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Feds Bust N. Korean Identity Theft Ring Targeting US Firms | #cybercrime | #computerhacker

The U.S. Department of Justice (DoJ) has cracked down on a large-scale identity theft scheme allegedly orchestrated by North Korea (aka Democratic People’s Republic of Korea or DRPK)

On Thursday, the DoJ unsealed charges, seizures, and other court-authorized actions brought forth by two criminal prosecutions from the US Attorney’s Office for the District of Columbia and the Computer Crime and the DOJ’s Intellectual Property Section.

The charges reveal how North Korea-based cybercriminals deployed thousands of IT workers overseas, primarily in China and Russia, using stolen American identities to gain remote employment with Fortune 500 firms.

The targeted organisations included a major television network, a Silicon Valley technology company, an aerospace manufacturer, a car manufacturer, a luxury retail store, and a media company.

These workers allegedly gained access to sensitive corporate data and secured lucrative paychecks by assuming fake identities while earning significant salaries that were then funnelled back to North Korea.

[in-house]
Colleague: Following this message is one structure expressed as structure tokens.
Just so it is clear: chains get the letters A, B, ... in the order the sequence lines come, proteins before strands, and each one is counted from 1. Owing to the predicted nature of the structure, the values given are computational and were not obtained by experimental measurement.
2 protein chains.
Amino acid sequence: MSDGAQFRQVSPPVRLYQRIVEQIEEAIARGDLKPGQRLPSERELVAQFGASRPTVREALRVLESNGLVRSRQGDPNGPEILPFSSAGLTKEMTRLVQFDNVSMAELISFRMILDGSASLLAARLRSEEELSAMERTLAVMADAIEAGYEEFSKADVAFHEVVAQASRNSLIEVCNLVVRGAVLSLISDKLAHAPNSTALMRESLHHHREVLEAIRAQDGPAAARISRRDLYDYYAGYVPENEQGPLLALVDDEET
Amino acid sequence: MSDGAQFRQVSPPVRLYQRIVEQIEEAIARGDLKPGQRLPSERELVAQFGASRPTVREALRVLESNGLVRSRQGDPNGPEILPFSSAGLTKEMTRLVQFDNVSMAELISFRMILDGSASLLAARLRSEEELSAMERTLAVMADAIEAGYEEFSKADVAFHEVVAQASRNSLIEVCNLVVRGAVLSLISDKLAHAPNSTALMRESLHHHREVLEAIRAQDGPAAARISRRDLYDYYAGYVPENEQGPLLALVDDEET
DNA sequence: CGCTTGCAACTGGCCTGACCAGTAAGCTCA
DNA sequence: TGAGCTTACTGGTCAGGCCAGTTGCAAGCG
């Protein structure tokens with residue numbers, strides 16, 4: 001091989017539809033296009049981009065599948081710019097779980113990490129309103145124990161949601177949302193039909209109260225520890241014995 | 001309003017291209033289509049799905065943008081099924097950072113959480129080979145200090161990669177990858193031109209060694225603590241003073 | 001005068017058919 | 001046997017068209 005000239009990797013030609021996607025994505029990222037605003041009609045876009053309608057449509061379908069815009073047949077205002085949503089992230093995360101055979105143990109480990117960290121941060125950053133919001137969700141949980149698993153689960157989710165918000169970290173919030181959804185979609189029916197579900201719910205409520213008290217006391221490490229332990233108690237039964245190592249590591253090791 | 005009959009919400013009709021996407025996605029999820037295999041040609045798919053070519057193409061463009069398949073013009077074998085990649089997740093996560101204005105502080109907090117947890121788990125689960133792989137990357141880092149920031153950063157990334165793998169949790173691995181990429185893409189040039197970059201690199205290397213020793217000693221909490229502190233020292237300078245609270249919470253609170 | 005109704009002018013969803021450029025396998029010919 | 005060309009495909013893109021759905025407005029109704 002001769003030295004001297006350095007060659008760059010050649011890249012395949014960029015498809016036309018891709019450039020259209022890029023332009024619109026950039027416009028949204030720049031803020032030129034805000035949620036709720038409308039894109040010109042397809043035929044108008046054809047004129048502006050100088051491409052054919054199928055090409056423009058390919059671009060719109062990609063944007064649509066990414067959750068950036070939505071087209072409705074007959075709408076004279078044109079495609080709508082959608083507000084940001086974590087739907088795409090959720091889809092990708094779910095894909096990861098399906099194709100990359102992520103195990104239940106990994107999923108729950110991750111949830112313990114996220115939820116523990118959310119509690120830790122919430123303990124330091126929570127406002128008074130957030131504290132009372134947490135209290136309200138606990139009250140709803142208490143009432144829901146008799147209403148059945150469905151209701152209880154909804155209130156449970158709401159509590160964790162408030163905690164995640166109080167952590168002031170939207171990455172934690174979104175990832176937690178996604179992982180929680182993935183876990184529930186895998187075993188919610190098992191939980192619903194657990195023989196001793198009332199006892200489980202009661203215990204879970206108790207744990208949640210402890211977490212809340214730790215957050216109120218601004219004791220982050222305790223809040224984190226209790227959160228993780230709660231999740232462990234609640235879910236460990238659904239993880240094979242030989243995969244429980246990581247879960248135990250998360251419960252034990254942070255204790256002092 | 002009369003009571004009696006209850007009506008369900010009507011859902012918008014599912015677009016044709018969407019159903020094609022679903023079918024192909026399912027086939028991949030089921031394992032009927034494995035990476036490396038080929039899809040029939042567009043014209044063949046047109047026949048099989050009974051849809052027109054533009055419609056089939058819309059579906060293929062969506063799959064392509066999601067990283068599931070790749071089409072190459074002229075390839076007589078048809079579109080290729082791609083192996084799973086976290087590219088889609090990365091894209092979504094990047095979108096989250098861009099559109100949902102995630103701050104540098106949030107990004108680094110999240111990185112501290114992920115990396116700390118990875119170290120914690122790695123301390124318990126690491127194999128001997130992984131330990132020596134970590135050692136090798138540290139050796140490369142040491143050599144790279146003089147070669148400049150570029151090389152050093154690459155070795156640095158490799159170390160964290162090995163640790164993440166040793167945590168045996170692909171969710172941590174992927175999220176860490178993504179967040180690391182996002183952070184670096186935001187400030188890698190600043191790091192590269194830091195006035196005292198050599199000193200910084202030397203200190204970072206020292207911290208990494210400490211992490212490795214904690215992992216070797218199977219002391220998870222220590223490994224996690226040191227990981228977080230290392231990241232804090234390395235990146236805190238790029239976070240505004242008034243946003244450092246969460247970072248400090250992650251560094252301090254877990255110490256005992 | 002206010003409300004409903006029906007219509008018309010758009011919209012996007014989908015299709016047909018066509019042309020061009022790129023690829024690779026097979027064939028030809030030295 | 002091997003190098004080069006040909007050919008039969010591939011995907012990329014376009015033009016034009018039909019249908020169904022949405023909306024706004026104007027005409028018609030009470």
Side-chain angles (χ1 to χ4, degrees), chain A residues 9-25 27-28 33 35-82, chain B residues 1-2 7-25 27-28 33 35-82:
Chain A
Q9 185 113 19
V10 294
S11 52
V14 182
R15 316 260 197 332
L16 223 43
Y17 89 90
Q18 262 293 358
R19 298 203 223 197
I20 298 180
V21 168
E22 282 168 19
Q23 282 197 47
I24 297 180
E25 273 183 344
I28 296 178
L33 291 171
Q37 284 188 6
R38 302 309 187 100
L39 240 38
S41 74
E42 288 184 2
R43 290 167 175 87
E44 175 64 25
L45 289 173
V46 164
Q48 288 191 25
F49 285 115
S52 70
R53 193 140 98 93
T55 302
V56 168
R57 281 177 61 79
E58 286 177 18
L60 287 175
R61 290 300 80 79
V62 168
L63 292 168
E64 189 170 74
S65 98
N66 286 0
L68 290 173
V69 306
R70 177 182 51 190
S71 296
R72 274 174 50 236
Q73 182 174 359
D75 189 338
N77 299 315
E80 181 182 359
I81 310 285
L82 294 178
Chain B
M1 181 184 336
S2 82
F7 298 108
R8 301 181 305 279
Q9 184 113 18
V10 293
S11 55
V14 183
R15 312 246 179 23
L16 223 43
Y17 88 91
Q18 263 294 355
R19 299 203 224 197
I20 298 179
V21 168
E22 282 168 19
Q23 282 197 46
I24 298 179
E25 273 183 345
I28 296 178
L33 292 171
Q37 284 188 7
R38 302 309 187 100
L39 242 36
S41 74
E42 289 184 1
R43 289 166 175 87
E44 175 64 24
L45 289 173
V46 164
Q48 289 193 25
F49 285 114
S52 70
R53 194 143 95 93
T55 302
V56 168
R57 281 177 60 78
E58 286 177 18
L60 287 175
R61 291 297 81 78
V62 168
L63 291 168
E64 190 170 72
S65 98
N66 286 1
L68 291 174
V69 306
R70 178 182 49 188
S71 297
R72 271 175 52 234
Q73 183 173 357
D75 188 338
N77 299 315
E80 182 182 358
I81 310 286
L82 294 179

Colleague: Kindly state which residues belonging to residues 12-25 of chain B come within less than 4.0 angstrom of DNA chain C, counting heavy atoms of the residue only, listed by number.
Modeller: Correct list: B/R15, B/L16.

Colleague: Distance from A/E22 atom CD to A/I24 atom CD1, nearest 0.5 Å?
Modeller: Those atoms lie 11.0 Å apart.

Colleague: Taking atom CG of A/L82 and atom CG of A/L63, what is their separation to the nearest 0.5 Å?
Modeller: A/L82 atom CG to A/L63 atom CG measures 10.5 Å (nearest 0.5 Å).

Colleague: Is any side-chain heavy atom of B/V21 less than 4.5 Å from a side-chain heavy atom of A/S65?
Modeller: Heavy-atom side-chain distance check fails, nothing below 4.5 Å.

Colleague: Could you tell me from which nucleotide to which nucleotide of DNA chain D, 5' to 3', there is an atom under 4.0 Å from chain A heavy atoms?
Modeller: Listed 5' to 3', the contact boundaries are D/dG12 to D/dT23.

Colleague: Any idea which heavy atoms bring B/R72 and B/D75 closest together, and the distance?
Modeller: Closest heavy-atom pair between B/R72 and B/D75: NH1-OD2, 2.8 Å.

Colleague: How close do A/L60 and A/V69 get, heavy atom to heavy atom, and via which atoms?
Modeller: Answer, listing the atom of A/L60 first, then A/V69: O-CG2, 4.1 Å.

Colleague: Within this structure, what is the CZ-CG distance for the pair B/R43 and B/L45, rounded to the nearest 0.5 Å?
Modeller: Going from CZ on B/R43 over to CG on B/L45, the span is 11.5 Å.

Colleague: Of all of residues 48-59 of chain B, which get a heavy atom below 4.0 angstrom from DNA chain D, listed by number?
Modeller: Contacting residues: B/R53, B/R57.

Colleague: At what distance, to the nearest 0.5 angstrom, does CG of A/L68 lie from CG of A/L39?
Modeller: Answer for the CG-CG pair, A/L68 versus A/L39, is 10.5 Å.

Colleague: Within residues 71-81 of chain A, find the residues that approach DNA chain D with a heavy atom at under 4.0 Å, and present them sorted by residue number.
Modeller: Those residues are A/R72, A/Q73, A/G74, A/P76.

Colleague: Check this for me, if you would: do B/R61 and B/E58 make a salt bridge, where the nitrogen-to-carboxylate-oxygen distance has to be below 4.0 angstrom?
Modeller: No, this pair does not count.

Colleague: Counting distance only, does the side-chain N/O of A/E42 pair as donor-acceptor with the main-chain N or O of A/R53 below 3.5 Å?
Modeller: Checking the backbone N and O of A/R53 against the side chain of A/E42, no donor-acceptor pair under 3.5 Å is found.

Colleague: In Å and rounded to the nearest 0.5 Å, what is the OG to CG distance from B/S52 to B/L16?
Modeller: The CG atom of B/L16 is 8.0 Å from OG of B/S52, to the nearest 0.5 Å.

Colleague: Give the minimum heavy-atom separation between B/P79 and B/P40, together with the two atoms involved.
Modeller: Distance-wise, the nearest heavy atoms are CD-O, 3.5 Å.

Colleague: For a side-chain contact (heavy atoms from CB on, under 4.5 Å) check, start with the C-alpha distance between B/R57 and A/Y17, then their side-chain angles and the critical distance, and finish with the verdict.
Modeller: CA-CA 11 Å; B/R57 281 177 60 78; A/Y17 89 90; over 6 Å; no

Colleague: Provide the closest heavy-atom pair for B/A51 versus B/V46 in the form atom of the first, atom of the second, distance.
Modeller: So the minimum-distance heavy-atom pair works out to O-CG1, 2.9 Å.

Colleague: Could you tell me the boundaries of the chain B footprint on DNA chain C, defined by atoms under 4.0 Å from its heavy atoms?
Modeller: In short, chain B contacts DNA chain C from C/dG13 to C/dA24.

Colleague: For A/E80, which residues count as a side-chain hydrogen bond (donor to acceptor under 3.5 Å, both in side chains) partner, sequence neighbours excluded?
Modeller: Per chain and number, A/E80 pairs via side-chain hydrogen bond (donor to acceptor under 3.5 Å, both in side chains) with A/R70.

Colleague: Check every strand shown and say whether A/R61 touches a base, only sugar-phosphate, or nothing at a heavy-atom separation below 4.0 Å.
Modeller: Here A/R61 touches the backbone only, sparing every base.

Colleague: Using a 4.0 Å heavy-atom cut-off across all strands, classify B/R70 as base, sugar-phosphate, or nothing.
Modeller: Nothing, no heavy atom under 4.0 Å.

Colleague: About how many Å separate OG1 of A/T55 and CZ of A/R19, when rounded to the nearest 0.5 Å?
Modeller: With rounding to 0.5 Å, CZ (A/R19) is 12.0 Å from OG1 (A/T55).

It is worth noting that as per US authorities, this is the largest case ever charged by the DoJ involving IT workers, allegedly part of an extensive scheme generating significant profits for North Korea, including its weapons program. 

Among those arrested is US citizen Christina Marie Chapman, 49, for defrauding US companies through running a “laptop farm.” Chapman and her accomplices allegedly compromised over 60 US identities, impacted over 300 US companies, created false tax liabilities for 35 US persons, and generated at least $6.8 million in revenue for the workers.

The Department of Homeland Security also seized funds related to Chapman’s scheme and wages and monies accrued by over 19 overseas IT workers. 

Additionally, three foreign nationals were charged with money laundering. A Ukrainian national Oleksandr Didenko, 27, was arrested in Poland and his website domain was seized for creating fake job search accounts and selling them to overseas workers who applied for jobs at US companies. Vietnamese national Minh Phuong Vong was arrested in Maryland for fraudulently obtaining jobs at a US company.

The fraud scheme exploits factors such as a high-tech labour shortage in the US and the proliferation of remote telework, states Marshall Miller, the DoJ’s principal associate deputy attorney general.

Assistant Director Kevin Vorndran of the FBI’s Counterintelligence Division stated that on the surface it appears a “typical white collar or economic crime scheme,” but in reality, it is an attempt to “evade US sanctions, victimize US businesses, and steal US identities,” but the FBI will use all available resources to bring those who help North Korea evade sanctions to justice.

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